Brooks asked Duffy what else might be contributing to that rise. Duffy pointed to ground subsidence, which is the sinking of the ground in places that can exacerbate the problem of rising sea levels. Cities like New Orleans are sinking quickly, even faster in many places than the seas are rising.
Brooks asked if any other factors were contributing to sea level rise.
“Those are all that I know of,” Duffy replied.
“What about erosion!” Brooks exclaimed. “Every single year that we’re on Earth, you have huge tons of silt deposited by the Mississippi River, by the Amazon River, by the Nile, by every major river system — and for that matter, creek, all the way down to the smallest systems. And every time you have that soil or rock whatever it is that is deposited into the seas, that forces the sea levels to rise. Because now you’ve got less space in those oceans because the bottom is moving up.”
“I’m pretty sure that’s …” Duffy tried to interject.
“What about the white cliffs of Dover?” Brooks continued. “California, where you have the waves crashing against the shorelines and time and time again you have the cliffs crash into the sea. All of that displaces the water which forces it to rise, does it not?”
“I’m pretty sure that on human time scales,” Duffy replied, “those are minuscule effects.”
Brooks has a vision in his head like the classic experiment by Archimedes, in which the scientist sank down into his bath and noticed the water overflow — providing a way to determine the volume of his body. But the amount of water displaced by even a giant boulder falling into the ocean is not like a body going into a bathtub. It is, as Duffy said, minuscule.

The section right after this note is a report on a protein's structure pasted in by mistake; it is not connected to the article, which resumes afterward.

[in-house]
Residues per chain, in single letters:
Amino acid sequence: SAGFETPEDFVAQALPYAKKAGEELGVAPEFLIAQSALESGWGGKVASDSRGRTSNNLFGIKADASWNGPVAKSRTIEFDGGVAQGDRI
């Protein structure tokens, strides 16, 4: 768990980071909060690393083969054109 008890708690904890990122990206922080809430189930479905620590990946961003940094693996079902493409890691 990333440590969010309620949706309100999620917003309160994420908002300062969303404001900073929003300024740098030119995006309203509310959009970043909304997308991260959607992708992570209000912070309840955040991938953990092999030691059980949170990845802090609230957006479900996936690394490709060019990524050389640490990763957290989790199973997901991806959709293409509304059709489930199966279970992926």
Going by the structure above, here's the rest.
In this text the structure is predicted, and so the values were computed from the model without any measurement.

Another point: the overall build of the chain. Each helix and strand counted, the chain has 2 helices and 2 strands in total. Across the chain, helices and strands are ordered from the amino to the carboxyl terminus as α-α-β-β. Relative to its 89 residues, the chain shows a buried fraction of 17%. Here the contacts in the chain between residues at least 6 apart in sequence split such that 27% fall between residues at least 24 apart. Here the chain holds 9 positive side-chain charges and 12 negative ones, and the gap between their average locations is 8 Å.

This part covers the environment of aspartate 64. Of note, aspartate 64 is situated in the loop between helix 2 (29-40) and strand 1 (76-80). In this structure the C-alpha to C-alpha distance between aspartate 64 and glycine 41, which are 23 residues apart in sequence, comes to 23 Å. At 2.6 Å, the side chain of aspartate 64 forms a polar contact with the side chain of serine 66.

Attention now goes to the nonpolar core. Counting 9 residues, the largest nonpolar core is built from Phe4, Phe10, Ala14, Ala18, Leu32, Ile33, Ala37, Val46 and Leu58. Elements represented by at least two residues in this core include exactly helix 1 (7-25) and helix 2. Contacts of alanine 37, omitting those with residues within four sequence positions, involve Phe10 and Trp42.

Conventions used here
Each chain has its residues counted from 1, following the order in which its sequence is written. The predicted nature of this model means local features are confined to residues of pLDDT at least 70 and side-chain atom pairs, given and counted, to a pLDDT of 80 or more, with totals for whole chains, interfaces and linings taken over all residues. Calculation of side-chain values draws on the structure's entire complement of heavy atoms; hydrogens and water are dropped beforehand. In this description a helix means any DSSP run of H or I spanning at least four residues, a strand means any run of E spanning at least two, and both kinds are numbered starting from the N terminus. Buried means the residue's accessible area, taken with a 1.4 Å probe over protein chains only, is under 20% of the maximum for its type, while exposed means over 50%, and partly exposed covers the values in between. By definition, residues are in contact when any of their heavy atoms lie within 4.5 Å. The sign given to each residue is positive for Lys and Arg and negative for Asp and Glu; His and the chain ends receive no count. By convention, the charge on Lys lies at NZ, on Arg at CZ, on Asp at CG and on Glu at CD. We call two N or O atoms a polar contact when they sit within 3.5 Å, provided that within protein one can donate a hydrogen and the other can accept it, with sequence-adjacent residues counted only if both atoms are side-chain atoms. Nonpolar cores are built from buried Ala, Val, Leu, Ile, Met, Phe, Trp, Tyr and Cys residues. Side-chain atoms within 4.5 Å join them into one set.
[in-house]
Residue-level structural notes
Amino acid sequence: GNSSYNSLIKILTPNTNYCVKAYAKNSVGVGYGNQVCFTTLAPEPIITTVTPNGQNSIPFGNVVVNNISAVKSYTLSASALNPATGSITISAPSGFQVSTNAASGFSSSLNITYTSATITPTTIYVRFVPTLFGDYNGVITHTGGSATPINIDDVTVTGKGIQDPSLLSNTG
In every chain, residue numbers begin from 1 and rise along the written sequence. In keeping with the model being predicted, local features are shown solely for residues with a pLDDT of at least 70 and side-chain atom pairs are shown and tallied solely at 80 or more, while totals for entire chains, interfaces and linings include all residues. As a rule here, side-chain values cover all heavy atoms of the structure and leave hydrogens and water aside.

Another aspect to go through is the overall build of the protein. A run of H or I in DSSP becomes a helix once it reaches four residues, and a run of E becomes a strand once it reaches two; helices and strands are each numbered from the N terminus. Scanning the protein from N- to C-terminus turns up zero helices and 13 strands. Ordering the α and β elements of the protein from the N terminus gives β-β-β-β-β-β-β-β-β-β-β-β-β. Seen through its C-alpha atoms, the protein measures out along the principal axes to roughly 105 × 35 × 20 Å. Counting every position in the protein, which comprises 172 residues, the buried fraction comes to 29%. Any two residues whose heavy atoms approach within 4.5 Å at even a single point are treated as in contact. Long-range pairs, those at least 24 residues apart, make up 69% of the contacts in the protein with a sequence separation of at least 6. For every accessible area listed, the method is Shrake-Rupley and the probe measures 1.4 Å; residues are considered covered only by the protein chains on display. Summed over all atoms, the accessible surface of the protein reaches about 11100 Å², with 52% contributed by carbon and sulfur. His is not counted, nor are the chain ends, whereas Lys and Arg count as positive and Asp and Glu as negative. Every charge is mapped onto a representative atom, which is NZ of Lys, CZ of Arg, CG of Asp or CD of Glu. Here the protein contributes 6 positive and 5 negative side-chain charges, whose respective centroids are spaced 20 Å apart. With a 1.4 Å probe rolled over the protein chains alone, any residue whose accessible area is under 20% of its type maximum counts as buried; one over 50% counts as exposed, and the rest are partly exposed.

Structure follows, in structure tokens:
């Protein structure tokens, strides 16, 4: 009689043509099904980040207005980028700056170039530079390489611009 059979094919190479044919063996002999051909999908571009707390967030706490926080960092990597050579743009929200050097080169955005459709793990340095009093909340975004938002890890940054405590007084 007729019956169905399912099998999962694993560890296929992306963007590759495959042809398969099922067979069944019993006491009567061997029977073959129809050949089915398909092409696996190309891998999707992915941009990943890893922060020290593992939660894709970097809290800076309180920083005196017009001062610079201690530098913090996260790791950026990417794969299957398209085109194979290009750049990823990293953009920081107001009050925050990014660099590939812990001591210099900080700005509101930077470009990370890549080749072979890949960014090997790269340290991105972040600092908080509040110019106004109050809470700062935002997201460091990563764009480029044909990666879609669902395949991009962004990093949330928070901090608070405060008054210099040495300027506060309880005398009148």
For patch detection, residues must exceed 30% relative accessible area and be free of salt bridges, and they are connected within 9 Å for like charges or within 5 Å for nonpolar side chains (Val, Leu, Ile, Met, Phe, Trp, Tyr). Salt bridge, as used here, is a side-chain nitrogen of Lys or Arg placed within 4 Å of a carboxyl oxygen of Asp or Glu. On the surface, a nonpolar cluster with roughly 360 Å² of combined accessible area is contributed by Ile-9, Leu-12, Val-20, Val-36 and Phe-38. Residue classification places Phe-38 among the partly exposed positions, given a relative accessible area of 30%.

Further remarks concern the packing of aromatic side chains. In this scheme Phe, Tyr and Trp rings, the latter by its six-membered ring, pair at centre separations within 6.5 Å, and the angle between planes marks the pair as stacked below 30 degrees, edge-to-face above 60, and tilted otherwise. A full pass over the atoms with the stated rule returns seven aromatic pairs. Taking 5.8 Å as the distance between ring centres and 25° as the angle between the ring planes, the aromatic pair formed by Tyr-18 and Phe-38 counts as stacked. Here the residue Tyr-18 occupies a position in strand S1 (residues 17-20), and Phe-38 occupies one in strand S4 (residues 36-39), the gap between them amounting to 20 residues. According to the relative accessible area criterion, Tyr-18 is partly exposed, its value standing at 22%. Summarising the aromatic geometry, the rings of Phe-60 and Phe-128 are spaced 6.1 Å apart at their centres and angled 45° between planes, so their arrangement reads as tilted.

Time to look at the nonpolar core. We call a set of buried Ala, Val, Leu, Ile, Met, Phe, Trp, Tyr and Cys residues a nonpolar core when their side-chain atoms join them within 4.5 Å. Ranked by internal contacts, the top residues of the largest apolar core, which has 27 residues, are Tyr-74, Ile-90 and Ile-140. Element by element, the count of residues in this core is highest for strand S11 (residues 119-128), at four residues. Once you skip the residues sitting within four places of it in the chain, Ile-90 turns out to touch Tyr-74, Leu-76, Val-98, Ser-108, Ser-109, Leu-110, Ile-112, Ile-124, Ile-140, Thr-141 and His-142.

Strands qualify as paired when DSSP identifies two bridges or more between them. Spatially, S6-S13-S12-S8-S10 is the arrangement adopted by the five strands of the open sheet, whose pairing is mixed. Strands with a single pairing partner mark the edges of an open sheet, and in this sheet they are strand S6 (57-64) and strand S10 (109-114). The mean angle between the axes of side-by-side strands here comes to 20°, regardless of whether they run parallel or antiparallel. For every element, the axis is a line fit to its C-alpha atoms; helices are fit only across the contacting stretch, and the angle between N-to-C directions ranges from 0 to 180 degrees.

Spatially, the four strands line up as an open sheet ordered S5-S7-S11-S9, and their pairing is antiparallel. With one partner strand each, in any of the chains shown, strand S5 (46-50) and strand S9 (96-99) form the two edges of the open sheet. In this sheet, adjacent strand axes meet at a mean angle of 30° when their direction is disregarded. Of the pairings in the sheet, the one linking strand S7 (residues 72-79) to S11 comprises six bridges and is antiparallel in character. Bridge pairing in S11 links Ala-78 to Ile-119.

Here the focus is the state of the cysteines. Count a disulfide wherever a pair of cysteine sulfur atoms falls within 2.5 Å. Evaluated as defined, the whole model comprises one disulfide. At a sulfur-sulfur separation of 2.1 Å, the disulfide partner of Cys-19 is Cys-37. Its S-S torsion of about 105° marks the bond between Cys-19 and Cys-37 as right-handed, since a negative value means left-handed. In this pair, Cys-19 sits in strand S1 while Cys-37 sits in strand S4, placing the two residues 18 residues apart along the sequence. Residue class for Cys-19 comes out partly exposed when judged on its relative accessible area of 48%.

Certainly 3.3 millimeters doesn’t sound like a lot of water to displace, and it does seem, to Brooks’s point, that it’s an amount — about 0.1 inch — that would be easy to displace with a cliff collapse near San Diego. The equivalent rise relative to surface area in an Olympic-sized swimming pool would be 0.0000000000114 millimeters. That’s not possible, though, since a water molecule isn’t that small.
We know from Archimedes’ work that the amount of earth required to displace that much water is the same volume: 1.19 trillion cubic meters. Here’s a corny video by a science teacher showing how it works.
So to make the oceans rise 3.3 millimeters, we would need to displace that 1.2 trillion cubic meters of water upward by dropping in 1.2 trillion cubic meters of dirt or stone or whatever.
How much is that? It’s a sphere of earth a bit over 8 miles in diameter. If we were to balance it at the top of the Capitol building, it would look like this.
If the sphere were stone, it would weigh about 6.6 quadrillion pounds. Just drop that in the ocean and — bloop! — 3.3 millimeters of sea-level increase. (We’re ignoring here that dropping it in some parts of the ocean would result in a mountain in that location. For the sake of explaining things, we’re pretending that the oceans are just one big uniform pool of water and that the sea level rise is similarly consistent. This isn’t how it works, of course.)
Put another way, it’s a volume of earth equivalent to taking the top five inches of every one of the United States’ 9.1 million square miles of land area and using it to coat the bottom of the world’s oceans. That would push sea levels up by 3.3 millimeters.
But, remember: That sea level rise happens annually. So every year, we’d need to take the top five inches of the United States, roll it in a ball and drop it in the ocean to get the sort of sea level rise we’re currently seeing. Don’t worry, though; assuming that the depth of Earth’s crust is about 40 kilometers in the United States, it would take 309,000 years for us to get to the mantle.
Except, of course, that sea level rise is occurring at an increasing rate. If someone could check on the white cliffs of Dover for us, we’d appreciate it.